Facebook ‘Likes’ are difficult to balance. On the one hand, it’s easy to get obsessed by accumulating virtual thumbs-ups at the cost of failing to input your time into other aspects of your business; and on the other hand, your Facebook page can act as a great marketing tool for your business in general, humanising it to the public, and it can tell the story behind the scenes, so ‘likes’ can boost business, and generally be of high value.
However some business pages are beginning to lose ‘likes’ like there’s no tomorrow? If this is the case for you, it may be time to analyse your page to see if there’s a problem – or even one at the heart of your business itself.
A sudden drop in Facebook interest may be nothing to do with your business whatsoever. For one thing, recent technical changes have resulted in Facebook culling a lot of ‘fake’ accounts, which may explain your missing likes. Some businesses have noticed a quantity of ‘likes’ suddenly disappearing at once, this is likely to be due to Facebook’s ‘clean up’ so it is nothing to do with you losing popularity.
While it can be frustrating to lose these ‘likes’ it is important you are marketing your business to genuine people, so there is nothing to worry about.
Incomplete/unused Facebook page…
If your page looks anything less than 100 percent professional, people will lose interest. The most common variation of this is businesses which set up a page and invest heavily in it for a month or two and then abandon it, assuming the hard work is complete.
Nothing turns customers off more than seeing your last update was three months ago. If you’re not consistently turning out interesting, engaging material, people will simply turn off. Make sure this isn’t you. Think about what you emit and make sure you are professional, and look appealing.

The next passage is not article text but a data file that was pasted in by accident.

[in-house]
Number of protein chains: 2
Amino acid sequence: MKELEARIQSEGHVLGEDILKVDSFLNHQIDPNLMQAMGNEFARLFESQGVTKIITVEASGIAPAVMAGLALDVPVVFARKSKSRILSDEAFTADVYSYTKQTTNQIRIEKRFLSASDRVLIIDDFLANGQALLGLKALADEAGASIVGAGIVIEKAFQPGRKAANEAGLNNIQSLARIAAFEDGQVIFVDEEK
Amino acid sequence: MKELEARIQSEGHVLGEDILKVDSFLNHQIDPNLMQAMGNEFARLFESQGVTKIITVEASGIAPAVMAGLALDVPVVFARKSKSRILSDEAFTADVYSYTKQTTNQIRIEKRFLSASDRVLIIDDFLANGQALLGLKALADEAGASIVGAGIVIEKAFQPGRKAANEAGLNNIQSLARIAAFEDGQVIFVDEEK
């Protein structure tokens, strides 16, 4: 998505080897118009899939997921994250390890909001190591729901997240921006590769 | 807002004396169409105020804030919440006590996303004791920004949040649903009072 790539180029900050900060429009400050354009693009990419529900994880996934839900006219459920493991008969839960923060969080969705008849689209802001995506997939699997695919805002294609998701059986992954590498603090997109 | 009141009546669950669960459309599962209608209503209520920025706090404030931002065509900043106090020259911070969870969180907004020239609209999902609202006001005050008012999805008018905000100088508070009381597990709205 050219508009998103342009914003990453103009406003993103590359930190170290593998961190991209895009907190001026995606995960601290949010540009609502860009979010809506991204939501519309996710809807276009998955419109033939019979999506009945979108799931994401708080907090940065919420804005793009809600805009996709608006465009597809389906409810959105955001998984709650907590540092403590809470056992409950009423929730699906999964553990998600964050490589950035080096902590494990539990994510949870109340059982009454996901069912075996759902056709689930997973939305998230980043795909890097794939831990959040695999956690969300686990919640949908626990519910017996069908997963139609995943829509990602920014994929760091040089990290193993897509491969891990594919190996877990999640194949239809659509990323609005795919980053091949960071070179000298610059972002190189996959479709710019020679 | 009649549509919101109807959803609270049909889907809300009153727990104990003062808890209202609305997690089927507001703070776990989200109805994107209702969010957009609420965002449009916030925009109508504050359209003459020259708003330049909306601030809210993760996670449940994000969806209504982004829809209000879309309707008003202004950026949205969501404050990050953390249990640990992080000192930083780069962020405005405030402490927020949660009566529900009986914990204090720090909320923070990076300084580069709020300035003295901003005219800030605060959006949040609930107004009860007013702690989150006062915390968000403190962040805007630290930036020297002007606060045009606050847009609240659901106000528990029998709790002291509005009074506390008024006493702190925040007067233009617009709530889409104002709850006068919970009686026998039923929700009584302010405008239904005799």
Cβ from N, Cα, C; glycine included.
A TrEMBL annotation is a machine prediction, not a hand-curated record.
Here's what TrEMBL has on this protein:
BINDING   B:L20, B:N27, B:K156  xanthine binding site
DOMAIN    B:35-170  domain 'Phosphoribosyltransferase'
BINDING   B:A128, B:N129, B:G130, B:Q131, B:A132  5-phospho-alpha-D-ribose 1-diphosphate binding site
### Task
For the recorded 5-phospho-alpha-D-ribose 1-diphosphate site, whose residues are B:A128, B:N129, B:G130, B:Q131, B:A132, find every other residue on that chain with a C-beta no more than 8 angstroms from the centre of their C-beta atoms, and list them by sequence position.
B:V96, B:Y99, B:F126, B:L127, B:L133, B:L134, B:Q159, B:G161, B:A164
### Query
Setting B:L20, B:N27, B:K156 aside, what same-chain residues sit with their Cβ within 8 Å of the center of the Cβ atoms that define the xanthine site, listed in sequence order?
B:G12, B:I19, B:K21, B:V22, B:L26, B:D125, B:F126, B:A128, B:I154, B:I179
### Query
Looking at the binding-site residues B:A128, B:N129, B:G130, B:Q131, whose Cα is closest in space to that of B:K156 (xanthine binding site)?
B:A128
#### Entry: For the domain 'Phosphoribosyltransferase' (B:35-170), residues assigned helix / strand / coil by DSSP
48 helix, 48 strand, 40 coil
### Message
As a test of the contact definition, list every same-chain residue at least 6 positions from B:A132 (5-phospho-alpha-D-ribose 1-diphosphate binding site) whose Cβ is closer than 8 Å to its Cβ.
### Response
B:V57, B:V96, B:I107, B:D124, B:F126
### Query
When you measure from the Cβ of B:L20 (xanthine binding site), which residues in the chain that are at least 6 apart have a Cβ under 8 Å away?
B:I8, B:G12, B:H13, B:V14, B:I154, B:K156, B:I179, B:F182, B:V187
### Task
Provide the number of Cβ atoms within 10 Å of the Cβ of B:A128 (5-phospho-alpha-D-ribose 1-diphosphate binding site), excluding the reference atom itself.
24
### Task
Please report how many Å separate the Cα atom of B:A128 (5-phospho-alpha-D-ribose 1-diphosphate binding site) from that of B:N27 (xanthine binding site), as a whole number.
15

Conversely, there is such a thing as ‘too much information’. If you post more than 4 updates a day, people will get fed up with you clogging up their timeline. Ideally, you want to post something engaging in the morning, again for people on lunch break, then maybe one or two more posts for the end of the day maximum. Anymore and people will be seeing more of you than their friends – resulting in a rapid delete.
Make sure you understand social media and what it is about. Bad language, poorly thought out content, and an aggressive tone, will put off scores of potential customers. Common mistakes can be getting too argumentative with other users, being too needy, excessive use of caps locks or exclamation marks and smiley face icons. All is these are a turn off for most people, as it comes across as begging for attention and emits a bad tone.
Facebook users also dislike businesses complaining or generally being unprofessional. This is likely to affect smaller businesses who don’t quite understand the boundary between social/professional. Remember your page represents your business. It might be social media, but your page isn’t the place to air your views and opinions on life and its frustrations, keep this on your personal profile. Consider what your write, and make sure it is relevant to your business.
If you’ve followed the above steps, are reasonably sure most of your ‘likes’ weren’t coming from fake accounts and the problem persists, it might be time to take more drastic action.
First, research if there’s a wider negative perception of your brand in the offline world. You could have the best social media team in the world, but if you’re company is attracting negative press (for whatever reason); people are going to drop you faster than you can say ‘unlike’.
On the other hand if you are small scale and there is no reason for negative press and you’re pretty sure the problem is originating in your page itself, you could try implementing Facebook’s negative feedback checker. Click on your ‘engaged users’ column on your ‘insights’ dashboard and it will give you a rundown of how many people are engaged with your post and how many responded negatively to it. If you’re getting high negative feedback, you can go through post by post and see what seems to be turning people off. From there, you can start to adjust your posts accordingly. It’s a dispiriting process, but one that means you can instantly see how right or wrong your various approaches are. After a week or two of painful lessons, you may be ready to start attracting lost customers back.
At the end of the day, Facebook likes aren’t the be-all and end-all of a business. But they are a useful device for measuring how the public perceive you. While minor drops usually level out over time, a major one can be cause for concern. Keep an eye on your social media output; think about what you are writing, analyse responses, and adjust accordingly to feedback.